Prime Fifty

Exercise – The Key to Healthy Ageing

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Exercise - The Key to Healthy Ageing

At Prime Fifty, we believe that regular exercise is the key to healthy ageing. And it’s never too late to start exercising if you haven’t done it before!

Keeping physically active makes you feel better all round, leads to a healthier life in general and also is known to fend off chronic illnesses, as we get older.

Even if we treat ourselves to a healthy, well balanced diet, exercise is still a much needed requirement if we are to try and push back the years as we get older.

The problem is that nowadays, too many of us are simply not getting enough exercise and this overly sedentary lifestyle is contributing to an epidemic of obesity, diabetes and many more chronic illnesses. This is not only applicable to the over 50s, but unfortunately is now very common with even our youngest generation too.

A 2011 UK NHS study concluded that only around a third of people are getting enough exercise!

If we want to fight back the years and stay young, then exercise is a must, and it takes only a bit of effort to significantly enhance how we feel and benefit our whole body, whether this be our heart, our muscles and even our brains. Staying physically active is the silver bullet to healthy living and this becomes even more important as we get older.

Physical activity means anything from everyday tasks, like cleaning the house, heavy gardening or walking the dog. Or it might be more specific exercise like keeping fit, cycling, jogging, aerobics, zumba, yoga, pilates, visiting the gym, swimming, golf, football, or tennis. The best type of activity is one that makes you feel warmer and breathe heavier and getting your heart and pulse pumping faster than usual.

The huge benefits of keeping active include:

  • a reduced risk of developing a chronic illnesses and disease
  • a greater likelihood of maintaining or reaching a healthy weight
  • a greater sense of well-being
  • improved sleep and increased day-time vitality

If you stay physically active, you're also likely to stay independent much longer. Exercise will also make you stronger and you'll feel more confident overall.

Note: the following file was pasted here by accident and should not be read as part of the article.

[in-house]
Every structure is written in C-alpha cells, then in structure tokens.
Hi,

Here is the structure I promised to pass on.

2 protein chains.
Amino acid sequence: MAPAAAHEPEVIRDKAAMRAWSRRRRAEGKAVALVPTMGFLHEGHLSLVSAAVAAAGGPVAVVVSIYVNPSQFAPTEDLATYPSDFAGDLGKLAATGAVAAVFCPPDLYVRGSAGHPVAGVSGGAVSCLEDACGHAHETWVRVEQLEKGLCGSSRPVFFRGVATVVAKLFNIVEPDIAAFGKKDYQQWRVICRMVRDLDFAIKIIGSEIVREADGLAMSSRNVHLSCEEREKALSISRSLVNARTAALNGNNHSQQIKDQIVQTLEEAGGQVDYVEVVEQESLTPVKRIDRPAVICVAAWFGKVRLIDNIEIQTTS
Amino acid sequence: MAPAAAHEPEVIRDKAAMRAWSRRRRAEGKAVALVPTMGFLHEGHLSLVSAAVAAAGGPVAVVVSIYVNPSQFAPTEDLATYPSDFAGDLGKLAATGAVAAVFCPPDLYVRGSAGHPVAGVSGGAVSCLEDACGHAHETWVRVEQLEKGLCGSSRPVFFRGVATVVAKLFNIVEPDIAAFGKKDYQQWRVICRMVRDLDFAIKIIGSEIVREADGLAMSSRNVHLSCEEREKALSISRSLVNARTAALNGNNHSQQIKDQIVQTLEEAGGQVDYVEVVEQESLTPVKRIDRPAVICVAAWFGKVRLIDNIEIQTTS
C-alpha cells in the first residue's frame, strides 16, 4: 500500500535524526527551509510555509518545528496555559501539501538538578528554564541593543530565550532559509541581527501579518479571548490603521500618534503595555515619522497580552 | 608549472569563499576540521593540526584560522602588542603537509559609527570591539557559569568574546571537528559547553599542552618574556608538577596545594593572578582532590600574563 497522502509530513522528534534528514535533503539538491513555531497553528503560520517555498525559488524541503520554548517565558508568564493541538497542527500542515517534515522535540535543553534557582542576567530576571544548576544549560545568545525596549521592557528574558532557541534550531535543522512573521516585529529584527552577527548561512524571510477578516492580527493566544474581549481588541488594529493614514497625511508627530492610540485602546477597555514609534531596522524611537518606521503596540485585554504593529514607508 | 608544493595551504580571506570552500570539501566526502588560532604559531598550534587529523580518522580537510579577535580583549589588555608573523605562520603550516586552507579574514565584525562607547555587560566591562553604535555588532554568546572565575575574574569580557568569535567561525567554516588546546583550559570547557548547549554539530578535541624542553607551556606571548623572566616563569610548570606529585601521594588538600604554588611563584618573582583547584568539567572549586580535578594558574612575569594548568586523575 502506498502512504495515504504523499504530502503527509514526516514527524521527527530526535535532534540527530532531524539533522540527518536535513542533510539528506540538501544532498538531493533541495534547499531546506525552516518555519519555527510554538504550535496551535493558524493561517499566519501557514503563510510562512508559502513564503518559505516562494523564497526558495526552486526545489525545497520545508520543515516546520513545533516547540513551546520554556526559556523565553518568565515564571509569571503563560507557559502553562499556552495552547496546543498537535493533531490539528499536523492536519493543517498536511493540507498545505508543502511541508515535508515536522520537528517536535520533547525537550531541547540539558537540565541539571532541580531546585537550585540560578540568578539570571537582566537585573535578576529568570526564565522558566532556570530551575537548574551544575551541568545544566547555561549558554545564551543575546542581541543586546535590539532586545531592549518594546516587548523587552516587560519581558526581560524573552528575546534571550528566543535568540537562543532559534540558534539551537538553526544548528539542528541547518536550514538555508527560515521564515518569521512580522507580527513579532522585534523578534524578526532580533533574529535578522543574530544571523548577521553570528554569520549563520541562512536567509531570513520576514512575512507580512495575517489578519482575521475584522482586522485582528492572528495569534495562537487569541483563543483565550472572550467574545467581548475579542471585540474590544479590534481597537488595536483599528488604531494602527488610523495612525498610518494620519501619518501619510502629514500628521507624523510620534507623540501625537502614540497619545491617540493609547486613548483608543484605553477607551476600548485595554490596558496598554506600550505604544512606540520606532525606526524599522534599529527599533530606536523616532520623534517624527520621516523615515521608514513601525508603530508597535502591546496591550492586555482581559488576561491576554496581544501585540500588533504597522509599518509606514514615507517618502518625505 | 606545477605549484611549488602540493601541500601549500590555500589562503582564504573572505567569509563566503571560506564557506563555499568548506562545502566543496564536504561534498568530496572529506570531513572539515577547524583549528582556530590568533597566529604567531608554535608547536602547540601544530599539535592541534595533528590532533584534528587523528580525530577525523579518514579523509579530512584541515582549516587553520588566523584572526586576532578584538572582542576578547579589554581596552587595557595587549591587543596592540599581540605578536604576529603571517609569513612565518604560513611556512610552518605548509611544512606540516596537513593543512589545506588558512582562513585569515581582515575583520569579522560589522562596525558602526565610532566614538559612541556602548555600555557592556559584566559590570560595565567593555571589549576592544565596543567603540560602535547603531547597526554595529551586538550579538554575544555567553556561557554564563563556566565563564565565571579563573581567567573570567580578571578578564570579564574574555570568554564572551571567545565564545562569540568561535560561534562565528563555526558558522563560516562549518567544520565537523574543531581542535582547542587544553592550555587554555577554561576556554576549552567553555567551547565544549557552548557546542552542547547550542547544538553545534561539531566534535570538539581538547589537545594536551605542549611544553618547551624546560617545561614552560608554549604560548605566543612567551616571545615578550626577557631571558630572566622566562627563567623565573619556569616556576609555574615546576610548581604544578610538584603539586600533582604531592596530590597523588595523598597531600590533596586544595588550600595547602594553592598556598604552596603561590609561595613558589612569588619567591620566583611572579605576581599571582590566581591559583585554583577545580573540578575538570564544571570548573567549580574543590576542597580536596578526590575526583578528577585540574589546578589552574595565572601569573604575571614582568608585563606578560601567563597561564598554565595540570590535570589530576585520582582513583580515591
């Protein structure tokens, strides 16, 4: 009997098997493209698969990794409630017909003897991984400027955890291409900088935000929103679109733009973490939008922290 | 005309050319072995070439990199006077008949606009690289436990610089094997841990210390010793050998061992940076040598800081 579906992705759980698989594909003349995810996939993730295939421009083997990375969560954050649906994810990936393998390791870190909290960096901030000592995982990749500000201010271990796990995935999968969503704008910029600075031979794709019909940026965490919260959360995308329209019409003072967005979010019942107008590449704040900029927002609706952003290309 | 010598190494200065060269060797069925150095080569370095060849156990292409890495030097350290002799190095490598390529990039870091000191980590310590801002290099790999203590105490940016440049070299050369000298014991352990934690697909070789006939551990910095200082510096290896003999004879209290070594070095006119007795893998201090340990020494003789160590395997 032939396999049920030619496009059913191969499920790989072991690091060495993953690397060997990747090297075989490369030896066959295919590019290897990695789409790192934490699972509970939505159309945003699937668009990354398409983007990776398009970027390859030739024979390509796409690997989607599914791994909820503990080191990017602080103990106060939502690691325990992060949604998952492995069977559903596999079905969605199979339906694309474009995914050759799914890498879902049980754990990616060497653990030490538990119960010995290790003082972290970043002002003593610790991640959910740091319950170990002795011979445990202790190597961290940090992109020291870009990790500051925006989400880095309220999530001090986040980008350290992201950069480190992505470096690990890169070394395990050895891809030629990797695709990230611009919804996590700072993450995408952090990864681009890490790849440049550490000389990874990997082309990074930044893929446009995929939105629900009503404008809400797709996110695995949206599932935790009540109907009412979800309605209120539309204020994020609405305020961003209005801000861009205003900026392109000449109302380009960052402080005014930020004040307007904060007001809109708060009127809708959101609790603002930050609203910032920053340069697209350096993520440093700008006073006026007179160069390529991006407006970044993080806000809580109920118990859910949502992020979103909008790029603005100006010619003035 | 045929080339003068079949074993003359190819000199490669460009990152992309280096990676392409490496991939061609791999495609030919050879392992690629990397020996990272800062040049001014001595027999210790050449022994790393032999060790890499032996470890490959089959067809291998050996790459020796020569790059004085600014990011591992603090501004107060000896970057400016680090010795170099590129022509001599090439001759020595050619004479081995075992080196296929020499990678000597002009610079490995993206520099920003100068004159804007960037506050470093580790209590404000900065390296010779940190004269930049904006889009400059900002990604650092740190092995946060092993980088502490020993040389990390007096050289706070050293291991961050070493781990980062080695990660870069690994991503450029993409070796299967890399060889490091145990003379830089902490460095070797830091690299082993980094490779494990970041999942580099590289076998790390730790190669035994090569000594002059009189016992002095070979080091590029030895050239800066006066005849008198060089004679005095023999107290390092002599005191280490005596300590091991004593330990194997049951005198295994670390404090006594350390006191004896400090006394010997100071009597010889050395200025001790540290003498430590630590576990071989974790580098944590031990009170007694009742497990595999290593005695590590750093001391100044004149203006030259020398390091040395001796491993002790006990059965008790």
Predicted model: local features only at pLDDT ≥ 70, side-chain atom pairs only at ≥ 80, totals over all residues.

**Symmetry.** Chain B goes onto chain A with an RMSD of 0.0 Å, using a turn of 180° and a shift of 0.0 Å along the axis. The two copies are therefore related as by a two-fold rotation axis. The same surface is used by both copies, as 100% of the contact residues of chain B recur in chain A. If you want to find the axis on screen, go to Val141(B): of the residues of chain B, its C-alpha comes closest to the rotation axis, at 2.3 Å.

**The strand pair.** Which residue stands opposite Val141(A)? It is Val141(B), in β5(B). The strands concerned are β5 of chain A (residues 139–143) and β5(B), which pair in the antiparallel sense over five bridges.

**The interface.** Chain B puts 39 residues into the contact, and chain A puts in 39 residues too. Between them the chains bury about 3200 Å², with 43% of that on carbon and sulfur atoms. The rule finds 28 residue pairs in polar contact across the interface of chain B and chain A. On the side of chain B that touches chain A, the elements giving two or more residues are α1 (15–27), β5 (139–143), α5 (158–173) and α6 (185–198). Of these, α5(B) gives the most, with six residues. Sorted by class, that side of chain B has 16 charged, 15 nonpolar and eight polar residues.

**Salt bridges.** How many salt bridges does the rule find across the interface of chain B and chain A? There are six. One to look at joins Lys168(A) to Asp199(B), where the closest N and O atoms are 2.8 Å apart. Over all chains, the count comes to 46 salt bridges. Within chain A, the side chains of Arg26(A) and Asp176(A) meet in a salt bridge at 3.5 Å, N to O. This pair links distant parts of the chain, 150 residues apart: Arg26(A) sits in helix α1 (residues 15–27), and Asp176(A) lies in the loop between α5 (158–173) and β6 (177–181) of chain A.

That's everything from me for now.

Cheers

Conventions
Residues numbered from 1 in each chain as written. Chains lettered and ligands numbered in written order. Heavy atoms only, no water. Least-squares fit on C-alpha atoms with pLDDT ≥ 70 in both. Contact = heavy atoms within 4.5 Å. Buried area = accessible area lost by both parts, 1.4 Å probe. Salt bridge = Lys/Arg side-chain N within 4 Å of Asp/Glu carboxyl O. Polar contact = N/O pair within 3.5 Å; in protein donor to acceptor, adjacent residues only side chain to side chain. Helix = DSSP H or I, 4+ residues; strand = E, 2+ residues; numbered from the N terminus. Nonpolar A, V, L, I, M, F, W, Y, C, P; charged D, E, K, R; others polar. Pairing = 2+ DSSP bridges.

If you’ve never exercised however, then it’s always best to talk to your doctor first. Your GP is also a good place to start to learn about exercise for your health.

Inactivity and an overly sedentary lifestyle can unfortunately put us at greater risk of a whole host of disease states such as type 2 diabetes, obesity, heart disease and even some cancers.

One can read a lot about how we are now living much older than we used to, many years ago. However, what we want is not just to live longer, but also we want to live our additional years as healthy as possible ie more healthy years with no disabilities.

“I want to keep my mobility”
In a recent piece of market research with over 50s consumers, Prime Fifty asked people what they were most afraid of losing as they got older….the overwhelming response was that of mobility. It’s something we take for granted and it is a very valuable gift, which we should appreciate and also look after all our lives, as losing it is can be devastating.

People in our survey just wanted to remain mobile and be able to do all the things they take for granted such as going on walks, playing with the grandkids and taking part in various activities such as travelling.

As we get older, of course, we get the odd ache and pain in our joints and also perhaps find it a little more difficult to lift that box, or the grandkids or even just bend or kneel in the garden. One of the reasons for this is that we are losing muscle mass and becoming weaker as we age. This is nothing new of course, but if we don’t exercise regularly, then this ability to do these various activities will slowly ebb away and we can find ourselves becoming less and less mobile. This in turn makes it even more difficult to be active and therefore we tend to then become even more sedentary… and this then becomes a vicious spiral.

Muscle Wastage and Loss of Strength
As we get older, we tend to start losing muscle mass. In fact we lose around 1% of our muscles every year after 45-50 yrs old, which means we may have lost up to a quarter of our muscle mass by 65! This is quite a frightening fact, but unfortunately, this is what happens as we age.